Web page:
The first time I read the Pinch of Yum food blog, I had my tiny baby cradled in my arms. I was a hungry new mama (hungry like only a mama can be when she’s exclusively nursing a tiny baby who’s gaining a pound a week!), and I was searching for easy, filling recipes. When I stumbled upon this site, I think I fell in love with it. I loved the idea of a successful blog full of delicious recipes and gorgeous photography and real people—who were totally authentic and inspiring. I don’t remember all of the recipes we tried (honestly, I don’t remember very much about those early days), but I do remember trying kale for the first time in this pretty tasty soup.
Even though many of the recipes don’t apply to my current diet, I’ve kept reading Pinch of Yum. (Sometimes I still miss their absolutely perfect chocolate chip cookies…) I was so excited when I read Lindsay and Bjork’s baby announcement last fall (too cute for words), and I was heartbroken when they lost their sweet baby Afton, who was born far too early and lived a short but perfect life. Reading Lindsay’s posts about Afton’s birth, his life, and the lives she and Bjork have bravely continued living in his absence always makes me cry a little. But it’s a good kind of crying—crying that honors and remembers life, that shares grief, that hopes for a kinder, more compassionate world.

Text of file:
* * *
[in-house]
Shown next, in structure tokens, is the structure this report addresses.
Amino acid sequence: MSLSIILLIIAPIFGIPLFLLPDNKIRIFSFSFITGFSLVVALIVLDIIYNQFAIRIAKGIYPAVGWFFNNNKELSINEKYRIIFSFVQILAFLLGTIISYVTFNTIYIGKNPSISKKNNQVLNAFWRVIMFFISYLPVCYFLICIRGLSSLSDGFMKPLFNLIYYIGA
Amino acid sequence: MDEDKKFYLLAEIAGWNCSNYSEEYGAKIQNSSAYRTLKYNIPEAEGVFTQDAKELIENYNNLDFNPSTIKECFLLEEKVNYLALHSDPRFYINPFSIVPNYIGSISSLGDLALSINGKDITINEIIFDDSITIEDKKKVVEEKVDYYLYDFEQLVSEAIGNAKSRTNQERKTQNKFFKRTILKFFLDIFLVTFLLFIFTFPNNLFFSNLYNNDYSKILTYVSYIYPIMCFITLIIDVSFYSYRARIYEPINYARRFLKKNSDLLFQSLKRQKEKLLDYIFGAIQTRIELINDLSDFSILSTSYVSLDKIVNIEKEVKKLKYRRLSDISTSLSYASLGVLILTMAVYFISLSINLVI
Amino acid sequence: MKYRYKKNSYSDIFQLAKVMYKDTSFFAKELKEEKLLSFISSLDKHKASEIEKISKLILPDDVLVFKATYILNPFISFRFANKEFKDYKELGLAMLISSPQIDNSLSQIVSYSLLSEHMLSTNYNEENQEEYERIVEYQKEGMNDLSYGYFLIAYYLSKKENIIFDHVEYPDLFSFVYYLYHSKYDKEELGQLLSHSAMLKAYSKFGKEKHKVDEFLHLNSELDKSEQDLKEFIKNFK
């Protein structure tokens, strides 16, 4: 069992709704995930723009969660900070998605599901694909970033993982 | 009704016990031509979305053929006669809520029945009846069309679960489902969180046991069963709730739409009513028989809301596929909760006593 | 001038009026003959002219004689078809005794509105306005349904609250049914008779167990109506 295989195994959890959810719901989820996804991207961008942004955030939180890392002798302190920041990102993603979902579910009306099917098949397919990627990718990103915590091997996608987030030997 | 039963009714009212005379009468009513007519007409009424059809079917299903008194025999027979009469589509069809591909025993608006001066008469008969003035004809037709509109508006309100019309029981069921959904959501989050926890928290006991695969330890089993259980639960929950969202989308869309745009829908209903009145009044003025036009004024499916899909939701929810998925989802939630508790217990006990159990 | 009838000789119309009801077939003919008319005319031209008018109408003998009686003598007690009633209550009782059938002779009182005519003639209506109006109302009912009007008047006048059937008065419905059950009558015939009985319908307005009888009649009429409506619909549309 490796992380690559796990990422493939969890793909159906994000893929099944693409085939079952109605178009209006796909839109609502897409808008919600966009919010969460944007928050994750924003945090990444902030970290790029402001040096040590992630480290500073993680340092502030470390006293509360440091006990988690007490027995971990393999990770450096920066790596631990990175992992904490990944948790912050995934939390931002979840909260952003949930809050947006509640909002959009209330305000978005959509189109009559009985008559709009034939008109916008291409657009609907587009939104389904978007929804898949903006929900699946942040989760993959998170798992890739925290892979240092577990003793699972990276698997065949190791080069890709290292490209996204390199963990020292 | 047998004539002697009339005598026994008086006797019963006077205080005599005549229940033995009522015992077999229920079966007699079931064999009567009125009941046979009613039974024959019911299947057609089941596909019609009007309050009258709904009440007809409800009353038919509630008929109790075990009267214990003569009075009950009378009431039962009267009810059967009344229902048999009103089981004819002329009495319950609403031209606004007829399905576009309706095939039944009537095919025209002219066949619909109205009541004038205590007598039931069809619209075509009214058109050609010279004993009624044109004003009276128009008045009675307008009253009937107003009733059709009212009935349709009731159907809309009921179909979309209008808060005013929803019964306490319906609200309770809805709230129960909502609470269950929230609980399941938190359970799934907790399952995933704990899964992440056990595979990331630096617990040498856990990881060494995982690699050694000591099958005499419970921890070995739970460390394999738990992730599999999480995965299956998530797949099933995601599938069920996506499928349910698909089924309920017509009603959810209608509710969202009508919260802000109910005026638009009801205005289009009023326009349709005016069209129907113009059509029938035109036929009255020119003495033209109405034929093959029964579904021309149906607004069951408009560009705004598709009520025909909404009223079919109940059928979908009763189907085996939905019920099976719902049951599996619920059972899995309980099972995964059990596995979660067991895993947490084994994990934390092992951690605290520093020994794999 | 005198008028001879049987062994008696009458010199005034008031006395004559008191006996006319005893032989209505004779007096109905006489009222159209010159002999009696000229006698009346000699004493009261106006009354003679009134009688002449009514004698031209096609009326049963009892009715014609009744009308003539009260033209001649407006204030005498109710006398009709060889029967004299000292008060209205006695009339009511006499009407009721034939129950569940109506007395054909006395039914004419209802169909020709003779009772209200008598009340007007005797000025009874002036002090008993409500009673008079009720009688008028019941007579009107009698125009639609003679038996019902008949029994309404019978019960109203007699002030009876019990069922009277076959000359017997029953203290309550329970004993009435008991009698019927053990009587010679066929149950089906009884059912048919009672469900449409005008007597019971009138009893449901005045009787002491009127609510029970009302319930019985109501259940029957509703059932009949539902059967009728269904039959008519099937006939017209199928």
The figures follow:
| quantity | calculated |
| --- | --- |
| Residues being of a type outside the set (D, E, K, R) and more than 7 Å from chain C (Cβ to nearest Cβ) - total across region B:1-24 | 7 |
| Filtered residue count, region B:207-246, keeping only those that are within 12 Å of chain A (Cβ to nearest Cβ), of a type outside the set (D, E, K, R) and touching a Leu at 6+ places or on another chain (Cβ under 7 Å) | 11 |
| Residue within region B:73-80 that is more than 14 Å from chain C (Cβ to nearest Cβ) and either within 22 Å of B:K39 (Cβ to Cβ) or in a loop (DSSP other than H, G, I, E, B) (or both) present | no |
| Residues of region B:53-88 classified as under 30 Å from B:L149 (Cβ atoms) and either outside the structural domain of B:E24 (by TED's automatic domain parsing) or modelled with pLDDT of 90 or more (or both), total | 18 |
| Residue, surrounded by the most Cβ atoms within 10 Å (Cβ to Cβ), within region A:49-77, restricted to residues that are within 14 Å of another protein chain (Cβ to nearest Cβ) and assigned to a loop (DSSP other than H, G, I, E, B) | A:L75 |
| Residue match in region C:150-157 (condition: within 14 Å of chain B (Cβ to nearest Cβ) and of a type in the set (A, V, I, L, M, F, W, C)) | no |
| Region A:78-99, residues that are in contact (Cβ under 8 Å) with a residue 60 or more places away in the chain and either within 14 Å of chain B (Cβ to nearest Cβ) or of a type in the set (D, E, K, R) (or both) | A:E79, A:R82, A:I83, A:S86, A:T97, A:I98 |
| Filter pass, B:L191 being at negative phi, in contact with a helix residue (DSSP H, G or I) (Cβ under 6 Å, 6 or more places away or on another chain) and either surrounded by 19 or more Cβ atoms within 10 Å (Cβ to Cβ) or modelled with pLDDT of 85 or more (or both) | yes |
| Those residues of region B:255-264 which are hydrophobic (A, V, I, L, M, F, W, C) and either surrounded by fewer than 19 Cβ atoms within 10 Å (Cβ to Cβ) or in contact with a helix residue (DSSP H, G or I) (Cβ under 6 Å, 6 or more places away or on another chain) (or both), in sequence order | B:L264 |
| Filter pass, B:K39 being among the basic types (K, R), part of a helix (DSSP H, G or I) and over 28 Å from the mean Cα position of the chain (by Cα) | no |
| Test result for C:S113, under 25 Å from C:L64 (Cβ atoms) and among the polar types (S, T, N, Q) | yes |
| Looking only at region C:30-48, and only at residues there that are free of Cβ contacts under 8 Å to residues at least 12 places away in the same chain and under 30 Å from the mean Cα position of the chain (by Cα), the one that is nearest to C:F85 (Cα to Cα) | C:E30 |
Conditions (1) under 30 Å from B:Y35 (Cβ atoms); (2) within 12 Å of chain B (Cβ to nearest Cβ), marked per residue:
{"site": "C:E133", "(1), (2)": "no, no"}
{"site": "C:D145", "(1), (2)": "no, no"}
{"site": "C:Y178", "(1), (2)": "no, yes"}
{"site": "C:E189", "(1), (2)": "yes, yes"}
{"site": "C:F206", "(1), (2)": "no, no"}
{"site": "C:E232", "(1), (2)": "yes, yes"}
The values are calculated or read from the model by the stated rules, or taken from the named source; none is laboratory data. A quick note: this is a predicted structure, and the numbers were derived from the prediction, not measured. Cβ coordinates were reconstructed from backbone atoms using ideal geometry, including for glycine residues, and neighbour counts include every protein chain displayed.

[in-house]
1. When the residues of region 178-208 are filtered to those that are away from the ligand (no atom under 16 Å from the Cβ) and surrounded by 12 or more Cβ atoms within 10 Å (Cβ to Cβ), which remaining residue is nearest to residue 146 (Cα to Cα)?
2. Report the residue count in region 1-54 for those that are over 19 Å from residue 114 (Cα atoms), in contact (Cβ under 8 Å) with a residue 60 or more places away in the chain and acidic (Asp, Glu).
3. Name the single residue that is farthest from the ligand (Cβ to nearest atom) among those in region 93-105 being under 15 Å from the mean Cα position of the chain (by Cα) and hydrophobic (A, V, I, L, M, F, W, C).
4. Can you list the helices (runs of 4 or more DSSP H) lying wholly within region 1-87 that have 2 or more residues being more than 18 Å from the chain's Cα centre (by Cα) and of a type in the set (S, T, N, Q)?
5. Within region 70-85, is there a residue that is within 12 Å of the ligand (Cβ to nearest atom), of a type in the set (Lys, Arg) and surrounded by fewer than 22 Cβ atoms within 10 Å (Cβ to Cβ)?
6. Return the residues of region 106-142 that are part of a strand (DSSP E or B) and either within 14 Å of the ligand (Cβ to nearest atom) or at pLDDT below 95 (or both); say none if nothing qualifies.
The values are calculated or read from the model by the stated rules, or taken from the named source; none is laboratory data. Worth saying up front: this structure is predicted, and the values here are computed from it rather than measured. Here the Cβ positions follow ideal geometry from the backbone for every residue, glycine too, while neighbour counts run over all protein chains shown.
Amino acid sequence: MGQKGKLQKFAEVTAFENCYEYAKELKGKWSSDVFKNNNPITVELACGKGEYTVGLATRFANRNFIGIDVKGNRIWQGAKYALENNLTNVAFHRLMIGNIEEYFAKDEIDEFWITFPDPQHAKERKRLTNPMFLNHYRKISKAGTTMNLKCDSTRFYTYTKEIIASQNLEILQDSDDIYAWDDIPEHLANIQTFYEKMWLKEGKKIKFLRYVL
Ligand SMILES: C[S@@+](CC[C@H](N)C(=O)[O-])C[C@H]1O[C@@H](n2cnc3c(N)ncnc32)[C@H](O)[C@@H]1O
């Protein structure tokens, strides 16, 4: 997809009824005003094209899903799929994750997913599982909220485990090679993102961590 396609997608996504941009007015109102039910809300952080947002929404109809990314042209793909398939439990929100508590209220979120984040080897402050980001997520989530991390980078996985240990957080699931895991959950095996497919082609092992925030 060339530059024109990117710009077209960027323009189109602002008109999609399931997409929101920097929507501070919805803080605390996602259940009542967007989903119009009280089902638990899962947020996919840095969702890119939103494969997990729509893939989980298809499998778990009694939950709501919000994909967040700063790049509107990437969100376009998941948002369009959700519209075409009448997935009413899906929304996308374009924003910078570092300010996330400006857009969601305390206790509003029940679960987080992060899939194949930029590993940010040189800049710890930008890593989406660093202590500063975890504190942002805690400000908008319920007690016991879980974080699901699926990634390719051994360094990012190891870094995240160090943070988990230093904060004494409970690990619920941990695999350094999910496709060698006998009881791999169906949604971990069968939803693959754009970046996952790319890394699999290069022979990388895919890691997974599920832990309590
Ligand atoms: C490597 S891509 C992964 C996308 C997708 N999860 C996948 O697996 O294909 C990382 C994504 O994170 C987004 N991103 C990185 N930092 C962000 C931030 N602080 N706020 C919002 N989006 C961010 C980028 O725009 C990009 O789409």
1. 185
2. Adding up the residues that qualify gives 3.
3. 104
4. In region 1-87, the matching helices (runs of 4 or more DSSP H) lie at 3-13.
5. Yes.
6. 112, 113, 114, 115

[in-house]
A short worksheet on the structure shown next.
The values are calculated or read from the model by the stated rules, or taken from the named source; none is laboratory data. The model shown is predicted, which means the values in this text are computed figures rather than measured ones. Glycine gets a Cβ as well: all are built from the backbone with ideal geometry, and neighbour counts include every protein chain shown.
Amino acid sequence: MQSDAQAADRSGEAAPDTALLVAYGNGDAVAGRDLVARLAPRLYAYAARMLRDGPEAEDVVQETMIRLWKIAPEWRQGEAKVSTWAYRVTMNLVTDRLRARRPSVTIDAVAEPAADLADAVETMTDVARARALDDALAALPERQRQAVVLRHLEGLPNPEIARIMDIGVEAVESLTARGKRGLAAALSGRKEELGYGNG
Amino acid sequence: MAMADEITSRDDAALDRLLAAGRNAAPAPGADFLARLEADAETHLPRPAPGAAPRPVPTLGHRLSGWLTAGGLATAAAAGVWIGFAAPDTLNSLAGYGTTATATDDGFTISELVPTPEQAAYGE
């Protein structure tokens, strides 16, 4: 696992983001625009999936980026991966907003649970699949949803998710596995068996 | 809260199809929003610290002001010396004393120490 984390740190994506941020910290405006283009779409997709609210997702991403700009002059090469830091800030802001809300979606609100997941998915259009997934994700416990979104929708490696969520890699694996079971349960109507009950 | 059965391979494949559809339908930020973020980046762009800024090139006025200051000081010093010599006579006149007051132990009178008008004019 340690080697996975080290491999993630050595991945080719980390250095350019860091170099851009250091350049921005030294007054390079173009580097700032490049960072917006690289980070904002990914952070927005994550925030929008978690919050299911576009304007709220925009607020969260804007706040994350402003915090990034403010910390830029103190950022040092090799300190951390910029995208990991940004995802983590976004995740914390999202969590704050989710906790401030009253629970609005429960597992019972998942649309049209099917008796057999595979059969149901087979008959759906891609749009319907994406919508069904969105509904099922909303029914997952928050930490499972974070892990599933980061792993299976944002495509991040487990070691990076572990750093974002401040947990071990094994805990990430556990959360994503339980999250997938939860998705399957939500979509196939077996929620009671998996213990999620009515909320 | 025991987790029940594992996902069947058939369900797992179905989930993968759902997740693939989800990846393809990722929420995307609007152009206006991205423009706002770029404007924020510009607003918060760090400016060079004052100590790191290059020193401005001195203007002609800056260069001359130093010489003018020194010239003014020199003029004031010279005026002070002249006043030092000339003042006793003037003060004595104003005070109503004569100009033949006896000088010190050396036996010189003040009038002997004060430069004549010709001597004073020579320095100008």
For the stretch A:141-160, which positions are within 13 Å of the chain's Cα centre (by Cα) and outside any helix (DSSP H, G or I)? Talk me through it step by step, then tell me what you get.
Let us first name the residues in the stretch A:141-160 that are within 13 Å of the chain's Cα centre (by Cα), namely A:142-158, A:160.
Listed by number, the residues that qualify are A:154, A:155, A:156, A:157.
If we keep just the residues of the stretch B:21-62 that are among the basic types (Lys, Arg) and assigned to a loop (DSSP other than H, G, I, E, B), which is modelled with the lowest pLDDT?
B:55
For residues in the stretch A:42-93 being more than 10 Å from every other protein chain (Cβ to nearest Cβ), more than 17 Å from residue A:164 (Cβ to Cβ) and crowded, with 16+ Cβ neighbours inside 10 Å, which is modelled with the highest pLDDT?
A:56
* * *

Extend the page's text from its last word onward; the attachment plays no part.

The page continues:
Feeding a Broken Heart
Now Pinch of Yum has a new recipe series, Feeding a Broken Heart, starting with this creamy potato soup.
The idea is to find someone in your sphere—a family member, a friend, a neighbor, anyone—who is struggling and to show them some love by sharing comforting, healing food. I think it’s a beautiful concept. I’m sure there are many people, each struggling in their own ways, who have been the recipients of much-needed love and kindness in this little food movement.
I’ve thought about myself, and my food, too. With a restricted diet to help my immune system heal, I’ve had to give up most comfort foods, including potatoes, so I know this recipe isn’t for me. But the idea is for everyone. I won’t find healing in a bowl of potato soup or homemade macaroni and cheese, but good food and love are helping me heal. Every time Taft fixes me scrambled eggs for breakfast—food that helps me feel good and get well—he’s helping me heal. Every time my family makes room for me in their lives and in their home, even though we aren’t sharing a meal around the table, they’re helping me heal. Every time a friend is understanding and supportive of my life changes, they’re helping me heal.
Healing is something we can do together.